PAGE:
Anecdotally, I DO know a couple little boys who refused to go to The Princess and the Frog because it had “Princess” in the name (despite owning the likes of Sleeping Beauty on DVD).

Course, the “Princess” image didn’t seem to harm The Little Mermaid or Beauty and the Beast when I was a kid.

…funny thing is, the fairy tale is called “The Frog Prince”. They changed the title explicitly to shift the focus to the Princess.

The Bear and the Bow sounds good, though (stunt casting notwithstanding). A friend of mine commented that Up was great but it would sure be nice to see a Pixar movie about a woman who doesn’t die in the first ten minutes.

Jer writes:  

You’d think in this post-Twilight movie world the idea that “girls don’t want to spend money” would be dead. And Johanna – yeah, I think Disney does consider Cars a “boys movie” and have been using it as a counterpoint to their “Princess” and “Fairy” lines that have been successfully marketed at girls. They haven’t been doing very well in the “boys” markets (which is why I think they bought Marvel), and Cars has been about as successful as they’ve gotten.

All that said – Princess and the Frog was surprisingly a much better movie than the movie they marketed. Maybe I just went in with low expectations, but I enjoyed it quite a bit. It was a little formulaic, but they did a pretty good job of fitting to formula while mixing things up a bit here and there. The ad campaign made it look so boring and uninspired that it took a while to get to the theater to see it (we waited until it hit the local $2 theater), but I’m glad we did. It turned out to be a fun movie.

(Part of me wonders the low ticket sales on Princess and the Frog comes from the fact that Tiana is black. I don’t want to believe that that would keep people out of the theaters in the 21st century USA, but I guess it wouldn’t surprise me as much as I wish it would.)

Johanna writes:  

Jer: That’s likely a factor. Unfortunately.

I’m sure I will be pleasantly surprised when I get around to seeing it.

Thad: Boys don’t want to see pretty girls if they’re called princesses? They must be young.

Kendama writes:  

Rebranding a “princess” story to appeal to guys just seems lazy. Why not come up with something original instead? Then again, this is a recession, so maybe they’re trying to be safe.

I predict that it will be neither fish nor fowl, and thus fail.

James Schee writes:  

Weird move here. Especially since Rapunzel’s story details aren’t really known that well I would expect. I know nothing except she’s locked in a tower and grows her hair long so the guy can climb up and save her.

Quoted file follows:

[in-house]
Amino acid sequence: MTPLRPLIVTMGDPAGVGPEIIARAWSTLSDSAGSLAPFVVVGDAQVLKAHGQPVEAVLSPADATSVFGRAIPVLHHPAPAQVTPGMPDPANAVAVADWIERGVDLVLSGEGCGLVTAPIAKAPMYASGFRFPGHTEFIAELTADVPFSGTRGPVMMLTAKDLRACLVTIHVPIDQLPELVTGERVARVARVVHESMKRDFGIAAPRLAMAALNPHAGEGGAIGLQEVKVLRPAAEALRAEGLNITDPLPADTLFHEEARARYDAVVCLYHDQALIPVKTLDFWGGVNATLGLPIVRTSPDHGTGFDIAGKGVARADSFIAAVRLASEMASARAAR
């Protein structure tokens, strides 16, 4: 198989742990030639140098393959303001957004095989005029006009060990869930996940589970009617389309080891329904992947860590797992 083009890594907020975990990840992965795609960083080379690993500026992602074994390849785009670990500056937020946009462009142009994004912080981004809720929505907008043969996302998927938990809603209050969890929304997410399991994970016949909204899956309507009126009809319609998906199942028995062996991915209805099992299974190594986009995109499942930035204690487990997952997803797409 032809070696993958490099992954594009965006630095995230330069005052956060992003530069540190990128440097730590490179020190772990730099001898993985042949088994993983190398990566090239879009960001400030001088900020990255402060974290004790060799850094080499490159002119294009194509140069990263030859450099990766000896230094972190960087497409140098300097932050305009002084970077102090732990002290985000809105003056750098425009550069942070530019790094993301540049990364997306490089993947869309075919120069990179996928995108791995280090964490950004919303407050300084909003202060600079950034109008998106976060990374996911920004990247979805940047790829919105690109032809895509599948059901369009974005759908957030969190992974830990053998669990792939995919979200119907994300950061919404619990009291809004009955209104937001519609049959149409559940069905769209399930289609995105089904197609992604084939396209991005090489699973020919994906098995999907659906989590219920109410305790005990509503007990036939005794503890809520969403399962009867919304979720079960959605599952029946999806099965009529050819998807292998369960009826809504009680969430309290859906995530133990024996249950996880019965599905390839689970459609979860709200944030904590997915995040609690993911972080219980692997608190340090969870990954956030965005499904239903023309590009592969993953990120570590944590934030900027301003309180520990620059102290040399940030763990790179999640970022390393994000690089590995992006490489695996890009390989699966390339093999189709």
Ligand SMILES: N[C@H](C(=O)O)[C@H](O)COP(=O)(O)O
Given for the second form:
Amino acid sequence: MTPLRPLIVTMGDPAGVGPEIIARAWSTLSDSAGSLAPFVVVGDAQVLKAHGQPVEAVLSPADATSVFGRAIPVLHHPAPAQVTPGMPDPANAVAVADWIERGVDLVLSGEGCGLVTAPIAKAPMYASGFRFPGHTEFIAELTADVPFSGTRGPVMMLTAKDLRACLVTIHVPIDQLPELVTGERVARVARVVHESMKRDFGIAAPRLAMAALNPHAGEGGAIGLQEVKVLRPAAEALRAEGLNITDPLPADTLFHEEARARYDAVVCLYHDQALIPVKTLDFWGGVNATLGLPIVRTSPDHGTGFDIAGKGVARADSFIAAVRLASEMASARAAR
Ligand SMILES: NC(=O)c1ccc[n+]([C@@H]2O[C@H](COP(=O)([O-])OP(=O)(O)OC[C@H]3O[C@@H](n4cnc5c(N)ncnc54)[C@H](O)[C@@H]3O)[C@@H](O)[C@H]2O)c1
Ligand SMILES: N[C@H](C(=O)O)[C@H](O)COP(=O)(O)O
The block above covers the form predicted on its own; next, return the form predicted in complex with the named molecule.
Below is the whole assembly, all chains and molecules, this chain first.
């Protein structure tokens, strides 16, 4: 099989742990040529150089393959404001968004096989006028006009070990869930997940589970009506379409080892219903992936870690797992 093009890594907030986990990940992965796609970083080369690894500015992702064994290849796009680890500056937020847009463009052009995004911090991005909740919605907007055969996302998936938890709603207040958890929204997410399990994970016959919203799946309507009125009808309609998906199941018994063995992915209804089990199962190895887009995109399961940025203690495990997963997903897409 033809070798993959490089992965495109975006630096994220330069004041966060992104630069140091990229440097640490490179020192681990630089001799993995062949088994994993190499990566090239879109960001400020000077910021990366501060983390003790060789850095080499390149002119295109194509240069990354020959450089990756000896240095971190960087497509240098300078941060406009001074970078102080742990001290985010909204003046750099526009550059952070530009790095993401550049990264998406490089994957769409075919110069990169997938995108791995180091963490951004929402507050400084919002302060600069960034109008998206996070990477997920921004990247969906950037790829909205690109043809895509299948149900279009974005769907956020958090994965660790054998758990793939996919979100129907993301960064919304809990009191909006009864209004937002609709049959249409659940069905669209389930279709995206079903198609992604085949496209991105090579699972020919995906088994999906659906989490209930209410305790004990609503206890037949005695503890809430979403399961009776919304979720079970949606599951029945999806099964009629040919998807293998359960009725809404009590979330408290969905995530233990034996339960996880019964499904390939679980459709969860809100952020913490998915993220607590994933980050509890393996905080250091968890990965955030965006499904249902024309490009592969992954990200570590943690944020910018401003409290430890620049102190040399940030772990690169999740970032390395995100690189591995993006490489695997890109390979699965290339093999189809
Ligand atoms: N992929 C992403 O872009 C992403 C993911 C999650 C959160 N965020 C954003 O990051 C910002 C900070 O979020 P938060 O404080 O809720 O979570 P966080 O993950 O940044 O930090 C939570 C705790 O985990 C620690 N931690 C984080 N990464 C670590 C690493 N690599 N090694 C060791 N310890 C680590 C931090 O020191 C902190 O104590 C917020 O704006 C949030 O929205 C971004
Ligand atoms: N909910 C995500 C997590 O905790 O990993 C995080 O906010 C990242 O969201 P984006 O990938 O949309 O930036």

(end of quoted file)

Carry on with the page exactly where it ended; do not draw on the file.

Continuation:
Most of that I learned from that song.;) Nothing inherently…. *girly* to use a term my nephews and nieces tend to use about that….

Jeff Polizzi writes:  

I find that title, “Tangled,” disrespectful to not only the Grimm Brother’s title, but to Walt Disney as well. Because that is not what Walt Disney would do when he adapts fairy tales into animated movies. Just because fairy tales that have girlish titles does NOT make it a girlish story. Those people, who complain about fairy tale titles being too girlish, need to understand that those story titles being too girlish happens to be written by MEN before we are even born. Also, they need to understand that they do not write stories just for girls or boys, they write for families to enjoy, learn, and love. I even love the title logo that Disney created for “Rapunzel,” and now they want to change it to “Tangled?” That title does not make any sense, and it is misleading. If they ever do change the title from “Rapunzel” to “Tangled,” I would find Disney’s next CG movie a flop. But, if they leave the title, “Rapunzel,” the way it is, and the title logo that Disney created, then I would have high confidence that Disney’s next CG movie could be a huge success. So I say to Disney, “In the name of Floyd Norman, a retired Disney and Pixar animator, and Walt Disney’s ghost, I demand that you change that dreadful title back to “Rapunzel” at once, or else you will all become a disgrace to Walt Disney forever. And you will fall to DreamWorks Animation forever more.” Those boys need to “Dig a Little Deeper (according to the song from “The Princess and the Frog”)” on the synopsis and accept the title that is girlish. And besides, Disney arranges the synopsis to make fairy tales more interesting than typical, to make it more FAMILY like even though it has girlish titles. However, some stories with girlish titles may have girlish stories, IF Disney made it girlish. But through Disney’s experience, they make fairy tales FAMILY type as always, and that is what makes Disney the best, and forever the legacy. Anyways, since they are going to adapt a Grimm fairy tale into a movie, why not just leave the title the way it is, and just arrange the synopsis? Like I said, those boys need to get used of the title that is written, like Tim Burton’s, “Alice in Wonderland.” Plus, I have no problem with “The Princess and the Frog,” I give that movie infinite A+, especially when Dr. Facilier is a fun villain, evil, but fun.